Cloud-Based Application Evaluation, Planning, and Migration
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Microsoft Information Technology (MSIT) is at the forefront of the Microsoft directive to lead with cloud computing. To support this initiative, MSIT has developed application assessment and migration tools that evaluate an application’s suitability for migration to Microsoft cloud services. MSIT has also documented best practices that can help Microsoft customers evaluate and migrate their infrastructures, applications, or services, to cloud computing.
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Cloud computing is providing a new way to imagine IT at Microsoft. With the Chief Executive Officer (CEO) directive to lead cloud computing, MSIT has approached its application portfolio with a cloud-first commitment. Cloud computing is now the preferred and default environment for new and migrated applications at Microsoft.
Microsoft Chief Information Officer (CIO), Tony Scott, has set a goal that 85 to 90 percent of Microsoft workloads will be based on cloud computing. To support this strategy, MSIT has developed a methodology and set of best practices for analyzing their current application portfolio for possible candidates to migrate to cloud computing. This analysis enables MSIT to select the ideal cloud computing-based environment for each application. MSIT has captured these best practices and documented them for other Microsoft customers that wish to migrate their organizations to cloud computing.
Cloud-Based Computing at Microsoft
Microsoft is committed to be its own first and best customer. Microsoft considers early adoption and enterprise-level usage of its own products as the best way to provide feedback to their product teams. Internal usage enables Microsoft to improve their own cloud services by testing them in a work environment, and by discovering different ways to utilize their own products. MSIT can then test and document best practices for other companies that are adopting Microsoft cloud services.
Microsoft utilizes their own cloud offerings (Microsoft cloud services), which include online services, application development and hosting services, and private cloud services. Using these services, MSIT tests its own products in differing application environments to determine which environment best suits an application. MSIT tests applications in four distinct application environments: traditional IT, public cloud, private cloud, and hybrid cloud:
- Traditional IT: Traditional IT is what the computer industry has come to identify as IT during the last quarter century. An organization’s servers reside in the organization’s data center and typically run different applications and environments, which the organization’s IT team maintains and manages.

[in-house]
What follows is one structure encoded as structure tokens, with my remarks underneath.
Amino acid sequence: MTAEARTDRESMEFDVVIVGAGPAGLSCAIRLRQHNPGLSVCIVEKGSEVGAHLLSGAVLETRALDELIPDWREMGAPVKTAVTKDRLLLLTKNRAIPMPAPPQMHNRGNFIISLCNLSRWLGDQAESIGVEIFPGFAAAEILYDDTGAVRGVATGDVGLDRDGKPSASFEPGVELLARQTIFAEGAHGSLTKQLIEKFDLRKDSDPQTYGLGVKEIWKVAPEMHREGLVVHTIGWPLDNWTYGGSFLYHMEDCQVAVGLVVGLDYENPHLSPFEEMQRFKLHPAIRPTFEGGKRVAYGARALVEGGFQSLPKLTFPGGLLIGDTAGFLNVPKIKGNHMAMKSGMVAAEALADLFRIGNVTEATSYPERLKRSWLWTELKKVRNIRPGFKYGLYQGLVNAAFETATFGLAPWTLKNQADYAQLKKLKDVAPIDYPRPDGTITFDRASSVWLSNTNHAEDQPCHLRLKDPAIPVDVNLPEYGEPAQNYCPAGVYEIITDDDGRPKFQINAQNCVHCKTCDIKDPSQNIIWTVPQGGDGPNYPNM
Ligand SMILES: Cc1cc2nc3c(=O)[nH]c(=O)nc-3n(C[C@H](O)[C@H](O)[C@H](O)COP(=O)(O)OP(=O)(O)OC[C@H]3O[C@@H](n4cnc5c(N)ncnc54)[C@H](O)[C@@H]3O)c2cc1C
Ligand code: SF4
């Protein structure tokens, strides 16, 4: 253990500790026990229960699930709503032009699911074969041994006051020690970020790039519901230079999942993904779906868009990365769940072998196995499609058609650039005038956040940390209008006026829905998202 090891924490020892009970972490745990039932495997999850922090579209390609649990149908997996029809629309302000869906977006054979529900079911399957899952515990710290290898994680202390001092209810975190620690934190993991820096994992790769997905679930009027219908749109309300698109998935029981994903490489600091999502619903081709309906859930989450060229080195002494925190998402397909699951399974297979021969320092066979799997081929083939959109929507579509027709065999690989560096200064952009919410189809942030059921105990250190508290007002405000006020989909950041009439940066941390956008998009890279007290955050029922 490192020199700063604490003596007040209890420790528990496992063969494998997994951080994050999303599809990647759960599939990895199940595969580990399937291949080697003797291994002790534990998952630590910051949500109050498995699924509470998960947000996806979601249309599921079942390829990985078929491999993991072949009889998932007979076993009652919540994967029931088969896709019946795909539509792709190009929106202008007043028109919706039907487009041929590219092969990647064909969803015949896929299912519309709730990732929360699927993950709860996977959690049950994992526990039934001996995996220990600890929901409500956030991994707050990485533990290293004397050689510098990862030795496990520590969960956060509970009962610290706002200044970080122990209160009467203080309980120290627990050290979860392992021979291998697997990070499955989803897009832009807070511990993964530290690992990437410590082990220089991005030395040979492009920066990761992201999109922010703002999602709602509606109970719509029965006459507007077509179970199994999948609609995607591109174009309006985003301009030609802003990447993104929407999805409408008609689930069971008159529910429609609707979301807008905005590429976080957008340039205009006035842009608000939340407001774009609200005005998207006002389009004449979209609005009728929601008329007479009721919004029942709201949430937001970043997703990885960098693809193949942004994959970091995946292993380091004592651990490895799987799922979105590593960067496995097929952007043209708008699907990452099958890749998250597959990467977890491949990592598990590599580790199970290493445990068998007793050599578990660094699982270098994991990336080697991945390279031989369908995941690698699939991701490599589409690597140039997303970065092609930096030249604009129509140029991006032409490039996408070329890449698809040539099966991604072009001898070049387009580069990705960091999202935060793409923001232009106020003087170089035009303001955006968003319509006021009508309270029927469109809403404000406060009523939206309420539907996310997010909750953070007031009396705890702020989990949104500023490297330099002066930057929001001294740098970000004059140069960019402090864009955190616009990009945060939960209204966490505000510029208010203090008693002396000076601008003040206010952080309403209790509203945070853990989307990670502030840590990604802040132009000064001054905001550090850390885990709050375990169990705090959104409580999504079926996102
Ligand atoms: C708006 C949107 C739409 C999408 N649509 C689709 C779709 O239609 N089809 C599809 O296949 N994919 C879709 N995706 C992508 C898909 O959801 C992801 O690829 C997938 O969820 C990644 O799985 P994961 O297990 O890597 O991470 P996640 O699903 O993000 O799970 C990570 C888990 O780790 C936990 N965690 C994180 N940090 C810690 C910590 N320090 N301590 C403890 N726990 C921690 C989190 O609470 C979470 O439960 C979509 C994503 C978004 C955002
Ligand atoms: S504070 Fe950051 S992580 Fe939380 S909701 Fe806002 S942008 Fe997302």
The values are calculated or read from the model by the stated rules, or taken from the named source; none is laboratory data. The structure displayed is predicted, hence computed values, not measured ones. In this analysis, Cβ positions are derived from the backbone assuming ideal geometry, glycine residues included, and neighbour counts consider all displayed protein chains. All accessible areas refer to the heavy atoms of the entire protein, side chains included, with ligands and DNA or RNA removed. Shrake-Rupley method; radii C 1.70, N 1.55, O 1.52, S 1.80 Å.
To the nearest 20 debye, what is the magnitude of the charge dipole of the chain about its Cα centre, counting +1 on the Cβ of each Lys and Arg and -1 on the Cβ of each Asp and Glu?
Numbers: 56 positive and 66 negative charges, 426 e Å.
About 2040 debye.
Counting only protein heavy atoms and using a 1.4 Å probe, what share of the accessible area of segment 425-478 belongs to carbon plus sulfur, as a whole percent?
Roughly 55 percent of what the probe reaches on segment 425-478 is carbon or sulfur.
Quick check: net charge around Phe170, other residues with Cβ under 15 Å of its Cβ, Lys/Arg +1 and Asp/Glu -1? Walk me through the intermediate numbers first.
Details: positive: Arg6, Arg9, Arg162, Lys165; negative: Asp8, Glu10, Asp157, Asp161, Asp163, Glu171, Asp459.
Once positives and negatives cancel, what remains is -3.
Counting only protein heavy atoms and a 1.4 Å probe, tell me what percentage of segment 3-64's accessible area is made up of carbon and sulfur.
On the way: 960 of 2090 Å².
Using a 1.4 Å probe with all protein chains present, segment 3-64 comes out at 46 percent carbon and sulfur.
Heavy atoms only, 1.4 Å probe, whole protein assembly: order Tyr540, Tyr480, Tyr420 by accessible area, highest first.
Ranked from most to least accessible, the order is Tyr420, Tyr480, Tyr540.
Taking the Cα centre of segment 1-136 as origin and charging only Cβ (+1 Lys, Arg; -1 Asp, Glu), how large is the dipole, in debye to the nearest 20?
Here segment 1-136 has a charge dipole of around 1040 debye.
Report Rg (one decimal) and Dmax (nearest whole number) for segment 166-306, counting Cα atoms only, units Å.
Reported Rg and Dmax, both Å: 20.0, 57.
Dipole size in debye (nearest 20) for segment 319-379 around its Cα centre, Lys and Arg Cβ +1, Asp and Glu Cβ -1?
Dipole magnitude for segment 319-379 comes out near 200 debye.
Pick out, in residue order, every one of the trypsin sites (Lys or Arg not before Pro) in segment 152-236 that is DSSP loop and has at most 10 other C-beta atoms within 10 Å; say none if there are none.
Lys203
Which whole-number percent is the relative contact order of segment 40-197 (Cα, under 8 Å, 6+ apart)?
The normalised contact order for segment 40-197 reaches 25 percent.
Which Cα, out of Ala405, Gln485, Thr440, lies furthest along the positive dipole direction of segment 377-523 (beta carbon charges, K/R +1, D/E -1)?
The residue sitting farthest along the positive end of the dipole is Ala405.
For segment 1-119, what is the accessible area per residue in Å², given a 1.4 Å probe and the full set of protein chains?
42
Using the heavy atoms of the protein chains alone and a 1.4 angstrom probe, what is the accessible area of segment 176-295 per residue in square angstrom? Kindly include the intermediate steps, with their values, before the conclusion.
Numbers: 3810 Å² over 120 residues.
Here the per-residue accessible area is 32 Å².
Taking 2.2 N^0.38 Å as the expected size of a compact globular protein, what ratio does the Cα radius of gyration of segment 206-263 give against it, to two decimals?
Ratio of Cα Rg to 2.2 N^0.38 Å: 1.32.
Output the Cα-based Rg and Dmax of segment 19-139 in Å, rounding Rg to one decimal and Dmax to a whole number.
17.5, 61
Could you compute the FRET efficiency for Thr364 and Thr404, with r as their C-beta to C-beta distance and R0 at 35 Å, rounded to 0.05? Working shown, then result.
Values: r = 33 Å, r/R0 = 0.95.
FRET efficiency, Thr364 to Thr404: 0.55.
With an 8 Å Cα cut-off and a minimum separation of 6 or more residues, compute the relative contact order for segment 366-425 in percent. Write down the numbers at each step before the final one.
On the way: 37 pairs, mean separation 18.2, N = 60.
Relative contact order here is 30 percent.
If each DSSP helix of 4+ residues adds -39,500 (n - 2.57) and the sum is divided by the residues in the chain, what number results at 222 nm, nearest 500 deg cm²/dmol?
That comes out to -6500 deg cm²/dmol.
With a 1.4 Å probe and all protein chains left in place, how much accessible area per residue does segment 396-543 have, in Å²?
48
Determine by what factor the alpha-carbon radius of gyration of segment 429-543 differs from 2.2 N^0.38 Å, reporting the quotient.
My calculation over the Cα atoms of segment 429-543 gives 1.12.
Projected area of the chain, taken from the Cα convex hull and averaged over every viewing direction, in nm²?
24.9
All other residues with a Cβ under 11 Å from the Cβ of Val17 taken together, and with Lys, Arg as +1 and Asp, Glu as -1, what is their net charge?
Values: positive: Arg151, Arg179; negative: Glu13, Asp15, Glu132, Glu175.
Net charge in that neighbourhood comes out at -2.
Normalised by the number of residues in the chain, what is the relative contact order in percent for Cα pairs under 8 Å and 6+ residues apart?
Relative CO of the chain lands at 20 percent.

- Public cloud: In the public cloud, a tenant purchases cloud services from a service provider that hosts and manages the public cloud. The tenant may share this cloud with other large industry groups, or with the public. This model does not offer the same security levels as the private cloud. However, this model provides global scale, resource-intensive capabilities such as content delivery networks, and cost savings through economies of scale. Unlike with some private clouds, public cloud tenants will never need to provision, manage, upgrade, or replace hardware. MSIT has adopted Windows Azure™ and SQL Azure™ as the default platforms for public cloud application hosting platforms.
- Private cloud: A private cloud hosts only one organization. The private cloud hardware may be hosted and managed on-site by the organization itself, or it may be hosted and managed off-site by a service provider. The private cloud is the model of choice for enterprises with concerns about data security and information privacy. However, the private cloud may lack public cloud features such as economies of scale and global distribution. Microsoft uses its Windows® operating systems, combined with the cloud-enabled capabilities of Microsoft® System Center 2012 to host and manage private cloud environments.
- Hybrid cloud: Adopting the cloud technology does not have to be an either/or proposition. Public cloud, private cloud, and traditional IT can all coexist in an organization’s infrastructure, as they do at Microsoft. Each model is leveraged for its strengths, and the models remain unique entities that are linked by technology. This enables the models to work together and utilize each other’s infrastructure. Development tools that span all of the delivery models—such as Microsoft Visual Studio®, and the Microsoft .NET Framework—enable organizations to develop integrated hybrid solutions.
Cloud Computing-Based Delivery Models
Cloud computing-based delivery models define where the cloud begins, and where it ends. MSIT delivery models fall into one of the following three models:
- Infrastructure as a service (IaaS): IT
departments typically use IaaS to run client and server
applications on virtual machines. In an IaaS model, the vendor
manages the network, servers, and storage resources so that IT
managers no longer need to buy, track, or decommission hardware.
However, IT managers must continue to manage operating systems,
databases, and applications. Depending on the service provider,